Sensors to save lives

Sooner or later, we will have to recognise that the Earth has rights too, to live without pollution. What mankind must know is that human beings cannot live without Mother Earth, but the planet can live without humans. - Evo Morales -

Volatile organic compounds, also known as VOCs, are chemicals that can harm our health. Unfortunately, they are unavoidable in our daily lives because they’re found in diesel fuel, paint, varnish, detergent and many other household products. What can we do to avoid breathing in these compounds and damaging our lungs? Associate Professor Narayanan Ramakrishnan is developing wearable sensors that could be used to detect emissions of VOCs, and potentially save lives.

Advanced sensors are needed for rapid and accurate analysis of environmental pollution, harmful ultraviolet (UV) rays, and chemical and gas leakages in industries. These sensors possess high market value, as they will also be used in testing equipment used in food processing industries, detecting chemicals in warfare threats, and serving as a diagnostic tool in biomedical applications.

Associate Professor Narayanan states that advanced sensors with high sensitivity, selectivity, stability, repeatability, cost-effectiveness, low power consumption and portability are required to ensure the health and safety of mankind. The sensor being developed is based on acoustic wave technology. It will be manufactured into wearables such as watches, rings, and belts. He is also working on integrating the sensor into smartphones.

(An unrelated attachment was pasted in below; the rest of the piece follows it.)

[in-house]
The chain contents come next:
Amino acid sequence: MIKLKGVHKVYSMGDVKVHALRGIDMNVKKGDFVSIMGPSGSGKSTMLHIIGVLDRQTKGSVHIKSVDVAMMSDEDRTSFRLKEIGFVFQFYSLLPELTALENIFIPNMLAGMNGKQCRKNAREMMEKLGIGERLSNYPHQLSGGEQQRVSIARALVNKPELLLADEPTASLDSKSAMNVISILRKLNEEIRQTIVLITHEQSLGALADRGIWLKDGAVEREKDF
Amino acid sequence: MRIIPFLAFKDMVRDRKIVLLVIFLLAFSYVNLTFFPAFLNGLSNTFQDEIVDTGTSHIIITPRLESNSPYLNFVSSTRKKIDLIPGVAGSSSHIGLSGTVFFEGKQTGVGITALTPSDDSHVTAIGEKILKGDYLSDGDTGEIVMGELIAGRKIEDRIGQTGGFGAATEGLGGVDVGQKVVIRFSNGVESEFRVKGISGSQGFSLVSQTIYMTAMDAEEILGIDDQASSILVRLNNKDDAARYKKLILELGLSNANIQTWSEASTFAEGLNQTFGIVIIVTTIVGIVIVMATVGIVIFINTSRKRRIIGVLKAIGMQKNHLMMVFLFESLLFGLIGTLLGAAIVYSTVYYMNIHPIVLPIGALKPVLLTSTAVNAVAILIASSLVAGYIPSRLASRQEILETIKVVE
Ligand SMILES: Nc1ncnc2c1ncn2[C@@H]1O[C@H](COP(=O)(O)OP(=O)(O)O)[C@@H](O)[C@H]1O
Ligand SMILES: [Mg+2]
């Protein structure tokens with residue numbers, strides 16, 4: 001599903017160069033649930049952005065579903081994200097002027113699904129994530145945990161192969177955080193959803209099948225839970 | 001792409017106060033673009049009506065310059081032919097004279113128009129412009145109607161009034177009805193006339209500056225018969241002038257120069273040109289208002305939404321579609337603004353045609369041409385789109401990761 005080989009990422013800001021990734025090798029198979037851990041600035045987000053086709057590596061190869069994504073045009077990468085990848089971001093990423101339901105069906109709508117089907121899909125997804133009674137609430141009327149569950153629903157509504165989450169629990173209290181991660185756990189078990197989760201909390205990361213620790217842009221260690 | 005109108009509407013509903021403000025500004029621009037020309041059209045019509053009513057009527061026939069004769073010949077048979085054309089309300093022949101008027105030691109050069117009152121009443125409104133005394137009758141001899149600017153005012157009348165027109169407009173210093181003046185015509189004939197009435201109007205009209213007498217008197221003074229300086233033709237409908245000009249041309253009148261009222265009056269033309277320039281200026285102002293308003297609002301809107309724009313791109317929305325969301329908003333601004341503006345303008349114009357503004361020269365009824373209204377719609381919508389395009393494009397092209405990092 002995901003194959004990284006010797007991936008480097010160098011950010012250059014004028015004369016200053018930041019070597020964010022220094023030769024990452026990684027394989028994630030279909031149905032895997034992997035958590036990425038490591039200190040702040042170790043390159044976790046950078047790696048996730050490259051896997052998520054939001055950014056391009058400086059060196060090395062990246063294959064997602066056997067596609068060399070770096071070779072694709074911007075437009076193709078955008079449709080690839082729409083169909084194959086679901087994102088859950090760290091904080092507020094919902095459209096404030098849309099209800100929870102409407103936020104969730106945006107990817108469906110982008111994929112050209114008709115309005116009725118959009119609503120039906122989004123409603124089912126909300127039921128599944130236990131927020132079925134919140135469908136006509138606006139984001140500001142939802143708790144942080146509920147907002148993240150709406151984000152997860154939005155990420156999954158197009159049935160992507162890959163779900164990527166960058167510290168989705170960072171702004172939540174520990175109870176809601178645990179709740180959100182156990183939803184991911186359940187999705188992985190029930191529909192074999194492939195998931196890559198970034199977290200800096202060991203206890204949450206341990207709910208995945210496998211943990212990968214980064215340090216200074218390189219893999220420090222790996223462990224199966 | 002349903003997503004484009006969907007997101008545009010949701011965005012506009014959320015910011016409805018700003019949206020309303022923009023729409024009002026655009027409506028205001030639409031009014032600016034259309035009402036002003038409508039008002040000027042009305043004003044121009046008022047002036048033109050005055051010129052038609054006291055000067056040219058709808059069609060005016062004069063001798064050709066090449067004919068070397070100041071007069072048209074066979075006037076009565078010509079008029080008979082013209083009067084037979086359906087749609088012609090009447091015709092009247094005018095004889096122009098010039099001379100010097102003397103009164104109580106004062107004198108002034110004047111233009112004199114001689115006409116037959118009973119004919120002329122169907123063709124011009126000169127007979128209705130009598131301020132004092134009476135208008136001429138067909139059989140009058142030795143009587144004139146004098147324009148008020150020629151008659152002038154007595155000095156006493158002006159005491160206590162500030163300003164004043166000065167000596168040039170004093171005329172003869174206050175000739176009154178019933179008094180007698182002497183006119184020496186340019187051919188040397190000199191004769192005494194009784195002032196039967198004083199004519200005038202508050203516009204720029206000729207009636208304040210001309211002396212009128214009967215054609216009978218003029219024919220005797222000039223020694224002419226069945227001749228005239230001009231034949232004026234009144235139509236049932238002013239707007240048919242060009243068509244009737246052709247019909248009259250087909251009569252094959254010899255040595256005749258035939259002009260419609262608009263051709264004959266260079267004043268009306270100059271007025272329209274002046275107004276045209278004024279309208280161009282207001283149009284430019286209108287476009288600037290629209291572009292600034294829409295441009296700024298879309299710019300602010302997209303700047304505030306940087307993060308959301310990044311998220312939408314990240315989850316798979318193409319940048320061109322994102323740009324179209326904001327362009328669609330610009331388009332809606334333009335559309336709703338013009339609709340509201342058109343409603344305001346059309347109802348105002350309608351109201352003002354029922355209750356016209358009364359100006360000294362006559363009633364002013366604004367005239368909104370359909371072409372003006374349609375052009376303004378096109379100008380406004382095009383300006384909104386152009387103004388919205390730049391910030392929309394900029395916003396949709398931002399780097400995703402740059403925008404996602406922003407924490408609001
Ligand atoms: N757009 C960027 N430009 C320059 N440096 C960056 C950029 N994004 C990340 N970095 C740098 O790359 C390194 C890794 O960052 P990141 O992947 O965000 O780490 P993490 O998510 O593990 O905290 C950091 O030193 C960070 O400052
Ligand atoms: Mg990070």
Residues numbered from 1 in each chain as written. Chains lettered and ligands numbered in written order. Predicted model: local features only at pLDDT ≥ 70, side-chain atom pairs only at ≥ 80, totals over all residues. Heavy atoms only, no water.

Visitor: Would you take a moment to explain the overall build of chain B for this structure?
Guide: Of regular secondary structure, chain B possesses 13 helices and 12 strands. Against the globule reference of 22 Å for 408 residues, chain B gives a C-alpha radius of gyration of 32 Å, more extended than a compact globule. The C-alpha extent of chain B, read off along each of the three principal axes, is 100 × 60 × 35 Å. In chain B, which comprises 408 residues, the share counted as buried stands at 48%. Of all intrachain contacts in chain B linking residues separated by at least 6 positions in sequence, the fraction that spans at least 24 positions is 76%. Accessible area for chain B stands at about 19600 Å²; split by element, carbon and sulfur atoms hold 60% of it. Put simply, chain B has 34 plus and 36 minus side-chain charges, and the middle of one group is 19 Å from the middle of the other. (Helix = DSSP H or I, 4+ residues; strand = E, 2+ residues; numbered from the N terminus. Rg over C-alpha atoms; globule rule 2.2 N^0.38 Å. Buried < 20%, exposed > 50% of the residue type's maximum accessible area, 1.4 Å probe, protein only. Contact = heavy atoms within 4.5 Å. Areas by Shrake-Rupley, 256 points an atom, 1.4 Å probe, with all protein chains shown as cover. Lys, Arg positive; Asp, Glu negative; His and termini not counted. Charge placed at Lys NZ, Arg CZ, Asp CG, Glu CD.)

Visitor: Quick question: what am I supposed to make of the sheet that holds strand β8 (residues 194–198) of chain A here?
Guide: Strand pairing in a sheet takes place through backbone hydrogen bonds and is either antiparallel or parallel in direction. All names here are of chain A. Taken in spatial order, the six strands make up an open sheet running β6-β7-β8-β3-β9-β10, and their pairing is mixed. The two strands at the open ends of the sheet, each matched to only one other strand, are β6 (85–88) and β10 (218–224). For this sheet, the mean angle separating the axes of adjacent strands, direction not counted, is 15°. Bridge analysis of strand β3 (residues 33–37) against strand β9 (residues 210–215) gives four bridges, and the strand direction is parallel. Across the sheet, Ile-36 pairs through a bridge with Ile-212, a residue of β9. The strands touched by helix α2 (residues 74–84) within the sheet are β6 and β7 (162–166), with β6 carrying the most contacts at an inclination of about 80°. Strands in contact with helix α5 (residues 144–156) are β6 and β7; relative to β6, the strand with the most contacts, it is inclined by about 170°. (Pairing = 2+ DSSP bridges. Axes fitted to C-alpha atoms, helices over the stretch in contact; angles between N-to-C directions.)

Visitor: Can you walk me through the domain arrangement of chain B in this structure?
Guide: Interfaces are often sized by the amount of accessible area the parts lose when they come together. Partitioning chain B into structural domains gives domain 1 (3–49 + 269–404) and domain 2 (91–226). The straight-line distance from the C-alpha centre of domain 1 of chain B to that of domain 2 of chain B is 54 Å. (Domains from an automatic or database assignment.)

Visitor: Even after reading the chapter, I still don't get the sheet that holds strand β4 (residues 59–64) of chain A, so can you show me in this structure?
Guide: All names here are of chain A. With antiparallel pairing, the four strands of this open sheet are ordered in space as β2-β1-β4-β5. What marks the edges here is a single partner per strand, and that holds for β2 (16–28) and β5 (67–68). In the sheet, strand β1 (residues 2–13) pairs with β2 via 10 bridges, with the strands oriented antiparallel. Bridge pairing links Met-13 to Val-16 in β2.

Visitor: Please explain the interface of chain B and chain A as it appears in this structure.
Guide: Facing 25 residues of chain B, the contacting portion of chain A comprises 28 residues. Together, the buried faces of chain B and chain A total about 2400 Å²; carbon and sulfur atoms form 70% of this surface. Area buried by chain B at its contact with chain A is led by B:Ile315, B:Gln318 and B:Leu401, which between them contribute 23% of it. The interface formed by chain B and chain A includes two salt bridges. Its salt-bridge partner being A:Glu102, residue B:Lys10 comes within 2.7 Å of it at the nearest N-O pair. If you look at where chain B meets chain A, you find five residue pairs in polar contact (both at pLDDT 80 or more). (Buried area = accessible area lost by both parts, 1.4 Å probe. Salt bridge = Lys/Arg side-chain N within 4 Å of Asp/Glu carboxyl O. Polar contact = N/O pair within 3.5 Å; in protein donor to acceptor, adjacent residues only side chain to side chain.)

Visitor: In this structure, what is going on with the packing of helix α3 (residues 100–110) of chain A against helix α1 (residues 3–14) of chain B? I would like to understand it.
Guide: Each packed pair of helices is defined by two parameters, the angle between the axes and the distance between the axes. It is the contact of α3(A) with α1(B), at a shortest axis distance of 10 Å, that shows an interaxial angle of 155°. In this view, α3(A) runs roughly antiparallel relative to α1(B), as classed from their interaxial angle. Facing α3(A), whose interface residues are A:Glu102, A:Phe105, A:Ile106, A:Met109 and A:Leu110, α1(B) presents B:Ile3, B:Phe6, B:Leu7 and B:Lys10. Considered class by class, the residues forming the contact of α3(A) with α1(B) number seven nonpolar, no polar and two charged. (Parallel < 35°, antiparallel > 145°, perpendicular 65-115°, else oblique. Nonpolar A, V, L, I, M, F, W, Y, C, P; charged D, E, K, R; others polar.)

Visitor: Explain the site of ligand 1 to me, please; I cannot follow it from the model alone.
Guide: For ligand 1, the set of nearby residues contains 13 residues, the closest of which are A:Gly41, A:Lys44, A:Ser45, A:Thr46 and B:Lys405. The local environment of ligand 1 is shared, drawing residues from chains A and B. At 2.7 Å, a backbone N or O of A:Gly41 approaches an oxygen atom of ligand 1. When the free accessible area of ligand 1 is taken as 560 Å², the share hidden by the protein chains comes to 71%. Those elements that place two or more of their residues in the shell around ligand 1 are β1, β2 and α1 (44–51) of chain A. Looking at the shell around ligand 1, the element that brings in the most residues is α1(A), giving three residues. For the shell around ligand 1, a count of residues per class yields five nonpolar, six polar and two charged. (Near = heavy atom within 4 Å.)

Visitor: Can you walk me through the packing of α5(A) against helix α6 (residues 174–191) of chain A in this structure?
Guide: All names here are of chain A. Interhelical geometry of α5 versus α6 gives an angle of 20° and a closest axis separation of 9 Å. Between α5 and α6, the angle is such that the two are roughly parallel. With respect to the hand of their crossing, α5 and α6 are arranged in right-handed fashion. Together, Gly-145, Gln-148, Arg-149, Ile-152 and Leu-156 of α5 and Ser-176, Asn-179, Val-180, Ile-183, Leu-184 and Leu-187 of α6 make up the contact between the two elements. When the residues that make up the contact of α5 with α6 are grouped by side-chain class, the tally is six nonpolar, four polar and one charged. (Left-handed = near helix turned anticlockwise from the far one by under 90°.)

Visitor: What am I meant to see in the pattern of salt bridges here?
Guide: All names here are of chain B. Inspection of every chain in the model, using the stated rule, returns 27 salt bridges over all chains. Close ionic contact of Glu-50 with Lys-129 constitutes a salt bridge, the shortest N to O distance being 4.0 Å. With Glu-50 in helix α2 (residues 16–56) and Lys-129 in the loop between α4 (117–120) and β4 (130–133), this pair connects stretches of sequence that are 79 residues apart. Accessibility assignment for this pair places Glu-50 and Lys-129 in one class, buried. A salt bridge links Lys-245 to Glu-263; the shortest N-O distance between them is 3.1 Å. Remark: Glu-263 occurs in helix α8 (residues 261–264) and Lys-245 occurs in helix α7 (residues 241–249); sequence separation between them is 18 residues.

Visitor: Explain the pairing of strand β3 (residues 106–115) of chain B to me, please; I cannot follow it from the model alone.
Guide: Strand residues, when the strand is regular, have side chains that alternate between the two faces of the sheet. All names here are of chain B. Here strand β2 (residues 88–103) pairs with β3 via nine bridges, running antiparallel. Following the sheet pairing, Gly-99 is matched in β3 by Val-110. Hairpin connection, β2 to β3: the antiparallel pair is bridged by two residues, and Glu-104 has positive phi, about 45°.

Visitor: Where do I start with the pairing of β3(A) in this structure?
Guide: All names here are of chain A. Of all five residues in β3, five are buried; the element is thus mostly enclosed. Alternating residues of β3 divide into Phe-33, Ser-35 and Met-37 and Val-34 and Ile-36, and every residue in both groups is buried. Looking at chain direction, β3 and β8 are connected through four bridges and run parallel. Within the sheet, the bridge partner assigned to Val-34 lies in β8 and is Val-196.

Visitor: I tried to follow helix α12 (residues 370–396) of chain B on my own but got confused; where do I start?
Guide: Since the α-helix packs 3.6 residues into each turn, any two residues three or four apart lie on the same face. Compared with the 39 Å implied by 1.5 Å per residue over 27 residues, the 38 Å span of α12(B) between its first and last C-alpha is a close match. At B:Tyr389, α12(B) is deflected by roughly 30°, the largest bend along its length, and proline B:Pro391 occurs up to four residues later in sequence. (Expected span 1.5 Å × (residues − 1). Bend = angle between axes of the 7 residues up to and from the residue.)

The sensors are accurate and they support the Internet of things (IoT) technology. The future will see multifunctional sensors that are able to alert people on environmental conditions without the need of power supply.

Associate Professor Narayanan and his research team were awarded two gold medals for their inventions at the most recent International Invention, Innovation & Technology Exhibition (ITEX) - World's First Compact Photolithography Equipment to Manufacture Electronic Chips, and World's First UV Dependent Piezo Capacitor: An Electronic Component Suitable for Wearable UV Sensing Applications.

The World's First Compact Photolithography Equipment to Manufacture Electronic Chips was also awarded the prestigious Asian Invention Excellence Award 2019, the top ITEX award.